Media Should Press GOP Candidates on Iran

by Joel C. Rosenberg

The Iranian threat to U.S. and Israeli national security is a paramount issue facing the American people. A bipartisan poll by Democrat Pat Caddell and Republican John McLaughlin released last month shows that 63 percent of Americans regard Iran as the most serious threat to our country, ahead of China and North Korea. What’s more, 78 percent of Americans believe President Obama’s policies “will fail” when it comes to preventing Iran from acquiring nuclear weapons.

Yet CNN’s Anderson Cooper failed to ask a single question about the Islamic Republic at the CNN Republican presidential debate in Las Vegas on Tuesday night. Why?

Each of the Republican candidates needs to be asked to answer the following questions clearly and directly:

— As president, what specific actions would you take to stop Iran from obtaining and deploying nuclear weapons?
— If you had intelligence that Iran was on the verge of building operational nuclear weapons, would your administration support an Israeli preemptive military strike on Iran’s nuclear facilities?
— Would you as president seriously consider ordering a preemptive strike by U.S. military forces to neutralize an Iranian nuclear threat?

I am encouraged that the Heritage Foundation, the American Enterprise Institute, and CNN have just announced a debate focused on foreign-policy issues on November 15. This is a move in the right direction. Yet one-minute answers and 30-second rebuttals will not suffice. Several of the candidates have made reference to Iran in recent speeches, but they have not laid out their thinking on the subject in detail — and on this issue, specificity is absolutely necessary.

Former Massachusetts governor Mitt Romney recently stated, “In the hands of the ayatollahs, a nuclear Iran is nothing less than an existential threat to Israel. Iran’s suicidal fanatics could blackmail the world.” He vowed that he would “begin discussions with Israel to increase the level of our military assistance and coordination” and would “reiterate that Iran obtaining a nuclear weapon is unacceptable.” However, he did not specifically discuss how he would stop Iran from getting the Bomb and sponsoring terrorist attacks.

Former Utah governor Jon Huntsman went further, calling Iran “the transcendent challenge of the next decade.” He signaled support for a U.S. preemptive strike against Iran’s nuclear facilities, saying, “I cannot live with a nuclear-armed Iran. If you want an example of when I would use American force, it would be that.” He, too, spoke of his support of Israel, but he did not lay out any specific principles or policies to deal with Iran, even while calling for a rapid withdrawal of U.S. forces from Afghanistan, Iran’s neighbor to the east.

Businessman Herman Cain, who has soared into the top tier of presidential candidates, has identified Iran as one of America’s most serious national-security threats, and has been clear about his strong support for Israel. Drawing on his experience as a civilian contractor for the U.S. Navy working on ballistic-missile projects years ago, Cain has rightly called for enhanced missile defenses to blunt an Iranian nuclear threat. “I would make it a priority to upgrade all of our Aegis surface-to-air ballistic-missile defense capabilities of all of our warships, all the way around the world,” Cain told the Values Voters Summit in D.C. earlier this month. “Make that a priority, and then say to Ahmadinejad, ‘Make my day.’” His instincts are right, but missile defenses alone are insufficient to neutralize the Iranian threat.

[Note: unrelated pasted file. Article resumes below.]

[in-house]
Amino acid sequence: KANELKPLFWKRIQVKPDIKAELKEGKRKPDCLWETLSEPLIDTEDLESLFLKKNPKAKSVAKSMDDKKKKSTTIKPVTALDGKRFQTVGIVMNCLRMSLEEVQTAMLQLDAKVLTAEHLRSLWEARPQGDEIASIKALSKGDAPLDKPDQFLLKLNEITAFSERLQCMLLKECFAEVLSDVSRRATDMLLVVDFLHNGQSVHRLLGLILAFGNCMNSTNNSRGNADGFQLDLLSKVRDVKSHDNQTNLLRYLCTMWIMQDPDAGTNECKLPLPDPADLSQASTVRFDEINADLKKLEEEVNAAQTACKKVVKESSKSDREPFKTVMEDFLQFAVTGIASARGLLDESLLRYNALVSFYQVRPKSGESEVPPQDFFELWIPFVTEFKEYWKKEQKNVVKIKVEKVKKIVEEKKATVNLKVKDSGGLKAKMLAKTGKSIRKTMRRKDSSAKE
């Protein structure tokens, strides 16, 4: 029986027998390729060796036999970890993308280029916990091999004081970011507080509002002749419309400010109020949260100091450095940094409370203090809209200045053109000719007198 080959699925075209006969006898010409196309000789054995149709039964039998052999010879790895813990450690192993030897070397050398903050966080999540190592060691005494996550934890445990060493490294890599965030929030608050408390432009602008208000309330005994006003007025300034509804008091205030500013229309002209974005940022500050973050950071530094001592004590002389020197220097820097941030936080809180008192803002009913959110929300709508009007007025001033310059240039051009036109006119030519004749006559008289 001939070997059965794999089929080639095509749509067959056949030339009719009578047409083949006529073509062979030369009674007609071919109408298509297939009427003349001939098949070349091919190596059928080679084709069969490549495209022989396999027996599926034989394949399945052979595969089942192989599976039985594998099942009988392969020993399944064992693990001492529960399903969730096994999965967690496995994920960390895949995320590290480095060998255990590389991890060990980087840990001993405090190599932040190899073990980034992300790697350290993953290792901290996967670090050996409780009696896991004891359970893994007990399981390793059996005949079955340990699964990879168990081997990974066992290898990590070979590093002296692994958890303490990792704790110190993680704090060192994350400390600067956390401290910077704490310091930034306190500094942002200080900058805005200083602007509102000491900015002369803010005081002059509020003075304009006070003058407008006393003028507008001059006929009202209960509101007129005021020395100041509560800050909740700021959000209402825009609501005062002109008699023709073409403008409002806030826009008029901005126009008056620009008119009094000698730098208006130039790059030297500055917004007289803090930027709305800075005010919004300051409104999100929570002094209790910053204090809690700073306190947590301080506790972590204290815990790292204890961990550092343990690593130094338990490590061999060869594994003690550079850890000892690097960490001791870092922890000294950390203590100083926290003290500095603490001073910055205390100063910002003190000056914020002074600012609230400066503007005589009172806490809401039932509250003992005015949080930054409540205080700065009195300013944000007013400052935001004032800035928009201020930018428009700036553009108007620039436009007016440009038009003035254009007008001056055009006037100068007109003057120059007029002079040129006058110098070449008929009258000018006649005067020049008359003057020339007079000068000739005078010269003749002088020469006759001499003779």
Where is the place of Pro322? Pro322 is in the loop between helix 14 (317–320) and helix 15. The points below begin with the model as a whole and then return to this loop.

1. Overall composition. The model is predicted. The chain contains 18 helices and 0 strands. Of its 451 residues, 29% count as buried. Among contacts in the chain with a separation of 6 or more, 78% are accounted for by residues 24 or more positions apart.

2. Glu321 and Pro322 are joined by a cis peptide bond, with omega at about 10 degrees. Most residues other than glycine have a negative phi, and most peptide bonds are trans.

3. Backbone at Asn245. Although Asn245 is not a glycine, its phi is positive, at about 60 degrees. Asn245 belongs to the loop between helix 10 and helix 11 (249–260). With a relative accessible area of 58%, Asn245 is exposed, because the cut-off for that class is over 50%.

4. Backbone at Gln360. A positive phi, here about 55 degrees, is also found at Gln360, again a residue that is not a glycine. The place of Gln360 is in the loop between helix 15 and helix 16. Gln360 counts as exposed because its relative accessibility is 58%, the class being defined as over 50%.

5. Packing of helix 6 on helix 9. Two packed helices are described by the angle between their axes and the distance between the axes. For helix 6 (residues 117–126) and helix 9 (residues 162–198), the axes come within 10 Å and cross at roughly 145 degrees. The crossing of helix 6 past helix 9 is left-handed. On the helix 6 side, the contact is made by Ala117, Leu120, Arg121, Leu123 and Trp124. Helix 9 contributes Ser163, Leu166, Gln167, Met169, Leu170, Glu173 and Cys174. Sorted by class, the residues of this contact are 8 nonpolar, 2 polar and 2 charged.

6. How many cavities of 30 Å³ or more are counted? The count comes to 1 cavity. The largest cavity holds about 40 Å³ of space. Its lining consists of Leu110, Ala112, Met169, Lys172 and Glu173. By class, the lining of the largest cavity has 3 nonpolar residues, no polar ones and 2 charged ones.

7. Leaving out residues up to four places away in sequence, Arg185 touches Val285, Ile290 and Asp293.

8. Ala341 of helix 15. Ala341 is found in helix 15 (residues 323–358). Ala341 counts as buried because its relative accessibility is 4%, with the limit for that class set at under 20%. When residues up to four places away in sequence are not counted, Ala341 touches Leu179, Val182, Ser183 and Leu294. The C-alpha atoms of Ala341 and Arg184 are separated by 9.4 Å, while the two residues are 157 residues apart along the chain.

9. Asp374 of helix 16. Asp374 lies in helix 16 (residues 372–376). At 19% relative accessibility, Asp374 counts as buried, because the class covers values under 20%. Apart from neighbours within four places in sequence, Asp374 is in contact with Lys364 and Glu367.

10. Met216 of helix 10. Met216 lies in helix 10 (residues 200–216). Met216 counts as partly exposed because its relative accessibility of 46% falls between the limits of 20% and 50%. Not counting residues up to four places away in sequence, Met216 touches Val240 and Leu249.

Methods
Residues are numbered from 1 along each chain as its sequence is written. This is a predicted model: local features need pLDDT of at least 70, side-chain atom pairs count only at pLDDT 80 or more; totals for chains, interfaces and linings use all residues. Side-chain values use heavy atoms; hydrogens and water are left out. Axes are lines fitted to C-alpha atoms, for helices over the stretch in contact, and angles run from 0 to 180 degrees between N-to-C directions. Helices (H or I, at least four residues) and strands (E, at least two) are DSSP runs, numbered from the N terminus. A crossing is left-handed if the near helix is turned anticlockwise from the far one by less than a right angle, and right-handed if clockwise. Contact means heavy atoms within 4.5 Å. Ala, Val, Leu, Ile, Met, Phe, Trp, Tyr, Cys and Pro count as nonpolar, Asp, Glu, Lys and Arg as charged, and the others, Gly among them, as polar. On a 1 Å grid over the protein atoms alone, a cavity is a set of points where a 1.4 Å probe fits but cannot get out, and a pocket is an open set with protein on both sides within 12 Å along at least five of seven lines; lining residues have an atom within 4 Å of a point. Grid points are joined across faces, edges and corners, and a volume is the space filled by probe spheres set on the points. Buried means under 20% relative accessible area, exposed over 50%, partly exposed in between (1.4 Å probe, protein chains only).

Few of the GOP candidates understand the Iranian threat better than former Pennsylvania senator Rick Santorum, who comprehends the dangerous end-times theology of the current Iranian leadership. Thus far, however, he has not made an Iran policy a major element of his campaign. Former House speaker Newt Gingrich, Rep. Michele Bachmann, and Governor Rick Perry have not discussed the issue in detail, though they certainly seem to understand the dangers — Bachmann and Perry both discussed Iran in last night’s debate, with Bachmann saying that “Iran obtaining a nuclear weapon” is “the number-one issue in the world.”

Rep. Ron Paul, alone among the GOP contenders, doesn’t seem to grasp the seriousness of the twin Iranian threats of terrorism and nuclear weapons. “Many are hysterical about the imminent threat of a nuclear Iran,” Rep. Paul has written. “One can understand why they [the mullahs] might want to become nuclear capable if only to defend themselves and to be treated more respectfully. . . . If Iran was attempting to violate the Non-Proliferation Treaty, they could hardly be blamed, since U.S. foreign policy gives them every incentive to do so.” The congressman opposes economic sanctions on Iran. He opposes U.S. preemptive strikes on Iran. Indeed, Paul has indicated he does not have a problem with Iran acquiring nuclear weapons, because he doesn’t think the mullahs in Tehran would actually use such weapons against their enemies. What’s more, he has stated that he would not come to Israel’s defense if Iran fired nuclear weapons at the Jewish state.

Last night’s debate in Nevada was a missed opportunity to press the GOP candidates to explain more fully their approach to Iran. But it is time for the GOP candidates to step up and tell us in more detail how they would handle this most critical of foreign-policy issues.

Joel C. Rosenberg is the author of eight best-selling novels and non-fiction books about the Middle East. His latest political thriller, The Tehran Initiative, was released on Tuesday. He previously served as an aide to U.S. presidential candidate Steve Forbes and Israeli prime minister Benjamin Netanyahu.

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